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Tribes say they'll appeal ruling on Kennewick Man

Saturday, October 26, 2002

KENNEWICK, Wash. (AP) -- "Northwest Indians plan to appeal a federal court order allowing scientific study of a collection of 9,000-year-old bones known as Kennewick Man, one of the oldest and most complete skeletons found in the North America.

"We are committed to getting a successful resolution," said Rob Roy Smith, a lawyer for Idaho's Nez Perce Tribe.

The appeal deadline is Tuesday. It could at least delay for years the study of the bones, found in the shallows of the Columbia River in 1996.

Smith said the Nez Perce, Colville, Yakama and Umatilla tribes have received support from Indians across the country eager to defend the Native American Graves Protection and Repatriation Act of 1990.

Smith called it "the strongest federal law that the tribes have to protect cultural resources, and we want to make sure that the tribal rights and tribal resources are fully protected."

U.S. Magistrate John Jelderks told tribal lawyers this week that they could appeal his decision on the bones to the 9th U.S. Circuit Court of Appeals even though the tribes were not directly involved in the initial Kennewick Man lawsuit.

In August, Jelderks ruled the federal government erred in deciding to give the bones to the tribes because the remains had not been clearly linked to modern tribes as required by the federal law.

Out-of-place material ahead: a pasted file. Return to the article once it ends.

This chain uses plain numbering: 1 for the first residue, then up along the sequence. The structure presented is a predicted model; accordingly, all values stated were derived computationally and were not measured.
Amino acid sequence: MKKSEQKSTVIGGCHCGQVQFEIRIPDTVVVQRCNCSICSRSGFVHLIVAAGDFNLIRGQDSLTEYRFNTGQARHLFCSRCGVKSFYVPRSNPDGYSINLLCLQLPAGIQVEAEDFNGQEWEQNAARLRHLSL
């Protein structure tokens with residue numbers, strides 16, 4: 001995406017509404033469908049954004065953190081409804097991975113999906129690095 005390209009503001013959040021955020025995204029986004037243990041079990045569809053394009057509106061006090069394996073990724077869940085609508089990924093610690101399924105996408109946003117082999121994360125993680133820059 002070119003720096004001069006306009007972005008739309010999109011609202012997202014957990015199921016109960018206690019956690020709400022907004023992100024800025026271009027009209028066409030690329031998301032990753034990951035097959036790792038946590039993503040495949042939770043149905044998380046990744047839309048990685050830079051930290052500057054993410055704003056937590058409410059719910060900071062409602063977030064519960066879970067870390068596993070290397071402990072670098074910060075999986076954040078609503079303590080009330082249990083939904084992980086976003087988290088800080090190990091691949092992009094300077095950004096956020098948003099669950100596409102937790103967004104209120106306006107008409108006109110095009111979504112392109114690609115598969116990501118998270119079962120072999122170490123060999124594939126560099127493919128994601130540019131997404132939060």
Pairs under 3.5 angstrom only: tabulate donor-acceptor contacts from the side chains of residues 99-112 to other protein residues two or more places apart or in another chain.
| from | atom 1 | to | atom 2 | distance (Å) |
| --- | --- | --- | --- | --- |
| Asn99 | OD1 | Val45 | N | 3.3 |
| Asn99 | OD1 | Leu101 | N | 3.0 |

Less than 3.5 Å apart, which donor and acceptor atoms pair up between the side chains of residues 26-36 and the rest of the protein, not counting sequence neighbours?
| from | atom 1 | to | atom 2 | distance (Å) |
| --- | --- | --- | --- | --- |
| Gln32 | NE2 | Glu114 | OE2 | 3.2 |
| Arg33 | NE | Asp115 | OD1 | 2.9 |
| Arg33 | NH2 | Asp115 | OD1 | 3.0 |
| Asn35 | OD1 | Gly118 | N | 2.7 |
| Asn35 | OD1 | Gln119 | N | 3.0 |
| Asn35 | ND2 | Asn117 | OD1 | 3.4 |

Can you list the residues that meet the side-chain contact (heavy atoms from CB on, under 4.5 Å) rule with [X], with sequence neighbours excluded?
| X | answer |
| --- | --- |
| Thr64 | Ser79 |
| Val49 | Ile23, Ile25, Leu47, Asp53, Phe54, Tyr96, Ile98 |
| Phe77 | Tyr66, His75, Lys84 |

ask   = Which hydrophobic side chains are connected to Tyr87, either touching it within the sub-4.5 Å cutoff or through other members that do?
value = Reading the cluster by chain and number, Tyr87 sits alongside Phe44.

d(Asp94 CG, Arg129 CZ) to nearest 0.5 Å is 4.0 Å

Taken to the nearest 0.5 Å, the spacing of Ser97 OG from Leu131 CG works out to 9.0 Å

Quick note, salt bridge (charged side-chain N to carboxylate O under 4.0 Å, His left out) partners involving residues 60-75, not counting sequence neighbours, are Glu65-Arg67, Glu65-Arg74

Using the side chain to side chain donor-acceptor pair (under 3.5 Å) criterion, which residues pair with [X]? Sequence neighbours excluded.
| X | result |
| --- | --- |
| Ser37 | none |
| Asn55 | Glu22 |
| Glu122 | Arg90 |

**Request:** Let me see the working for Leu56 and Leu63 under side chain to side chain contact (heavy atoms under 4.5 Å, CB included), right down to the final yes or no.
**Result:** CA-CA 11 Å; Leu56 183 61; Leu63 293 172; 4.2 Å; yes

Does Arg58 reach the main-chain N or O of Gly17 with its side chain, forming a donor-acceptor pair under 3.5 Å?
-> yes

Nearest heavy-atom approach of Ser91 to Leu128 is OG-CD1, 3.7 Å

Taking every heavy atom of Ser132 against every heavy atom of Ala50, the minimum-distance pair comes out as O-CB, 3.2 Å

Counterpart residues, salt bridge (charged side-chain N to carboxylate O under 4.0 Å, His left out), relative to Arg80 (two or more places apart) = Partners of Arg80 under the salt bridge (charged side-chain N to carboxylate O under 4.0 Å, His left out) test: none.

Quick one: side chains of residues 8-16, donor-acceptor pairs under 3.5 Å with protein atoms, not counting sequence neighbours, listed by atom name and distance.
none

A group of eight prominent scientists had sued to stop the federal government from giving the bones to the tribes for traditional burial as an ancestor.

Jelderks criticized the U.S. Department of the Interior and the Army Corps of Engineers -- which manages Columbia River navigation -- for their handling of the case. He said the federal government failed to consider scientific evidence and legal questions before then-Interior Secretary Bruce Babbitt announced his decision to return the bones to the tribes.

After six years and wading through 20,000 pages of documents filed in the case, Jelderks could find nothing to support the government's decision.

The pivotal aspect of the case remains the government's determination that human remains from the time before Europeans arrived in North America are legally classified as Native American.

Tribal leaders support that view.

"If we can fight for the proper interpretation," Smith said, "then all of Indian country will benefit."

Earlier this month, scientists submitted their study plans to the federal government.

"The tribes are going to have a difficult time convincing the 9th Circuit that this trial court that saw the case for six full years is so wrong they should reverse his ruling," said Alan Schneider, a lawyer for the scientists.

He said the tribes are "running a major risk here of converting what otherwise would be a local decision into a precedent...that will become law for the entire 9th Circuit."

The bones are being stored at the Burke Museum in Seattle pending the outcome of the case."

Posted by Mikola to NDN AIM

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